• Turn on and off automatically under certain lighting conditions and schedules.
  • Keeping an account of electricity consumption and transferring this data to a secure system.
  • Change color, flicker, etc. in emergency situations
  • Detect that the bulb has burned out and automatically alert the repair service, including itself in the route to be taken the next day.

All of these features, except perhaps the last one, are already being incorporated in some cities around the world.

Enter the dumpster

Let’s complicate the example a bit, let’s add the trash containers under the streetlight or between two streetlights. What if they had these capabilities:

  • Check that they have been filled and enter the collection route.
  • Alert the fire department if there is a fire inside or in its immediate vicinity. It could even alert the streetlight to flash in a special color and warn of the location of the hazard.
  • Detect what kind of garbage is inside, especially electronic items that may be highly polluting and should be retrieved separately.
  • Detect that your system has stopped working properly and is in need of repair.
  • And, here we come to the point, detect that the light of the street lamp is not so bright anymore and warn it of the failure.

This is starting to be another matter, is it okay if we close this page just with the questions we hope to answer in the blog posts?

To be discussed

  • What technical capabilities should the operator who is going to replace one of these devices have? Could he simply remove the existing one and fit a new one without any intervention?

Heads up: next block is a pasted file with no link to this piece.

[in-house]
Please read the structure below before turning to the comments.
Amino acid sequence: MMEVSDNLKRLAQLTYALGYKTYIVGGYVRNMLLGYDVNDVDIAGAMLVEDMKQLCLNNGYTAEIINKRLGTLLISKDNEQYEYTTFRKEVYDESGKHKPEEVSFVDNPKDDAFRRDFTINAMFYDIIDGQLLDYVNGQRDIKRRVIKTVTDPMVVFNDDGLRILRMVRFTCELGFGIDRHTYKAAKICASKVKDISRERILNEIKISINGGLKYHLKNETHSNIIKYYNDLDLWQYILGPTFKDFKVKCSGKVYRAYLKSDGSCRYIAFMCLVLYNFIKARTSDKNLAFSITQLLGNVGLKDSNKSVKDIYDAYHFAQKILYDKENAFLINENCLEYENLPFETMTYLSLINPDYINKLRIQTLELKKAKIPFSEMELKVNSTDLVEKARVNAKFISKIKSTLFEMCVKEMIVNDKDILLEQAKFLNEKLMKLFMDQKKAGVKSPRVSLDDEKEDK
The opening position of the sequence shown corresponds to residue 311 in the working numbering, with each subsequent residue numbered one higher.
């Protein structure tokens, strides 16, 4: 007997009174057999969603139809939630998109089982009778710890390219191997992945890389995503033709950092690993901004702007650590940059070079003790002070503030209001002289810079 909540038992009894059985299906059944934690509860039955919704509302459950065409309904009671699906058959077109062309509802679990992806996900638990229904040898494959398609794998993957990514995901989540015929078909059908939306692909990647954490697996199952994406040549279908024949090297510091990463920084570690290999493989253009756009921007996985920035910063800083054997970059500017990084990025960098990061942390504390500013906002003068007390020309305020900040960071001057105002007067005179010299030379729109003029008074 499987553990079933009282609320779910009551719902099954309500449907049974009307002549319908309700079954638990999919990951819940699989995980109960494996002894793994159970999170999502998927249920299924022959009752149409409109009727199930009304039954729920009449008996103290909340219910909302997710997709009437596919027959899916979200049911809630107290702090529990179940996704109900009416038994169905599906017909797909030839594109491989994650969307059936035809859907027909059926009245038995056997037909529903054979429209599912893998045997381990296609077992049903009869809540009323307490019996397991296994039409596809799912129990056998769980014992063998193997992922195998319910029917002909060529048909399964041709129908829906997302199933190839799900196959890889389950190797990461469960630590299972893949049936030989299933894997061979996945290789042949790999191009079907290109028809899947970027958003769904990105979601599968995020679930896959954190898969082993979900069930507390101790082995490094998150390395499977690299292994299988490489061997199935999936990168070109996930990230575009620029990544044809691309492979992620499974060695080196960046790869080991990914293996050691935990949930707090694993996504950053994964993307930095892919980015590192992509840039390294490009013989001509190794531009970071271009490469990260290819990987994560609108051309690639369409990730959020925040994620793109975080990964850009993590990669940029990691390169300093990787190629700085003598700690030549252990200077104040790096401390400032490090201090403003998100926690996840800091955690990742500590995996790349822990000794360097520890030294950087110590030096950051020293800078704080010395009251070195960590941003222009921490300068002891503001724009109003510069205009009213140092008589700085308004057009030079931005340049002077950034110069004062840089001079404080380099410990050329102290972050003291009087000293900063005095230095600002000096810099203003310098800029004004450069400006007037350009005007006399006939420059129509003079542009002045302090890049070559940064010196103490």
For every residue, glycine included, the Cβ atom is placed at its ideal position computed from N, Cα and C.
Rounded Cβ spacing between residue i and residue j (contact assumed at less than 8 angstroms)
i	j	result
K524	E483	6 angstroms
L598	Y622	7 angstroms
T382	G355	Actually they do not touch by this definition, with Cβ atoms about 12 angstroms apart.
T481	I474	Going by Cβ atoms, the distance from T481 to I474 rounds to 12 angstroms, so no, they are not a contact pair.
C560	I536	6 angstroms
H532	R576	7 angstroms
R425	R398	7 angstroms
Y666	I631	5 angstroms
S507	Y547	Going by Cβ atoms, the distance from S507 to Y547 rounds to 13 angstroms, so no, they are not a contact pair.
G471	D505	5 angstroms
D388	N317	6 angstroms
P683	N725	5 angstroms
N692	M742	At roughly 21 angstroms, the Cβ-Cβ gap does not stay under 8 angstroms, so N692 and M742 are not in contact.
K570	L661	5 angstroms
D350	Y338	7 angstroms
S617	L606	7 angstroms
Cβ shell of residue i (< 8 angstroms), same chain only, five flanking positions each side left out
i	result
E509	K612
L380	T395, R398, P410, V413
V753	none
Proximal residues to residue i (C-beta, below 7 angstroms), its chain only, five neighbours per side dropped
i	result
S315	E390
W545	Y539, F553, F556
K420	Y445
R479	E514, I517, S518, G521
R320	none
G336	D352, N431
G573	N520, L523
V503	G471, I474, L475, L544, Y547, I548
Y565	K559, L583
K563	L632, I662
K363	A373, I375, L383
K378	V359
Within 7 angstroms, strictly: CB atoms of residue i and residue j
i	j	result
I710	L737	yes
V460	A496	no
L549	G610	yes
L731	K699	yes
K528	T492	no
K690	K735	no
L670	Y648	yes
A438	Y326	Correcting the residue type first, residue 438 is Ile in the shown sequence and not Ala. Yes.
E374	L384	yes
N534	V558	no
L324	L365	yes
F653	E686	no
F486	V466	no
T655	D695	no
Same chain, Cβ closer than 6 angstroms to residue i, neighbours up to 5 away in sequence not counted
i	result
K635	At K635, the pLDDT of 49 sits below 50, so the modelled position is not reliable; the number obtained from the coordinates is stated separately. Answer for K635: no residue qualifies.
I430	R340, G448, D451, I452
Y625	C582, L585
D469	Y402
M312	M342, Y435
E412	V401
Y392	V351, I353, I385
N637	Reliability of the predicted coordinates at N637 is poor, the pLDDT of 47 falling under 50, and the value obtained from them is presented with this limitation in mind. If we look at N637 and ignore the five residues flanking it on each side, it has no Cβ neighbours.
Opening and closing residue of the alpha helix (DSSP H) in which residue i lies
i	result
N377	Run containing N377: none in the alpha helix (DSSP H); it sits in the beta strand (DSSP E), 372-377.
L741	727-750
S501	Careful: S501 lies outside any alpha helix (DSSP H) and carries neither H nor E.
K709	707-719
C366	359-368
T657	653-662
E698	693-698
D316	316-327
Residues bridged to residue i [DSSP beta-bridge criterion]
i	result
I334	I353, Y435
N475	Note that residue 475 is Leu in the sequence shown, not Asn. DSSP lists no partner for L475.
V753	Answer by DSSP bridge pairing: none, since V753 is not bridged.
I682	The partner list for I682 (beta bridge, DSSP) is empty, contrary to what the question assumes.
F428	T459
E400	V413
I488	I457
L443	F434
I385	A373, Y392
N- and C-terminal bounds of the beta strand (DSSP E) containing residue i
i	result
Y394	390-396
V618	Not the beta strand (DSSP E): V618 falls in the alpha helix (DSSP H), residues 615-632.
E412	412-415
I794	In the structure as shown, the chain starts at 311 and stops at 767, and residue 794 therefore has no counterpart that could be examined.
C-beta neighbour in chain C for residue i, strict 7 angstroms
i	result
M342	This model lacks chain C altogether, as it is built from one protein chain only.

• How are all the devices going to be powered? The one on the street light is simple, how will the one on the container do it? It must be smart enough to know how to harness its power so it doesn’t waste it. It is not trivial.
  • How is the streetlight sure that the container is who it claims to be and not a fraud? Can I try to trigger false alerts on the streetlights to cause chaos for the maintenance or fire department?
  • How will the street light be connected to the control center, by the electric cable, and the container by a wireless network? What is the range and consumption?
  • Is it really necessary to send all consumption data to a blockchain? Could we send hourly or daily summaries? Would we send important events as well? How will that blockchain know that those data come from a legitimate streetlight or container and not from fake devices?
  • What method will we follow to change the configuration of the devices? Or the firmware? Could we have some intermediate nodes, say every 100 meters, that coordinate all these systems?
  • Could these nodes have some of the intelligence delegated and allow objects to be simpler? Would closer proximity allow shorter range wireless networks with fewer interference problems?

We hope we haven’t gone into too much detail and that I have introduced you to this new world, where, as you will have seen, we are working to give the right examples, ask the right questions and look for the right answers.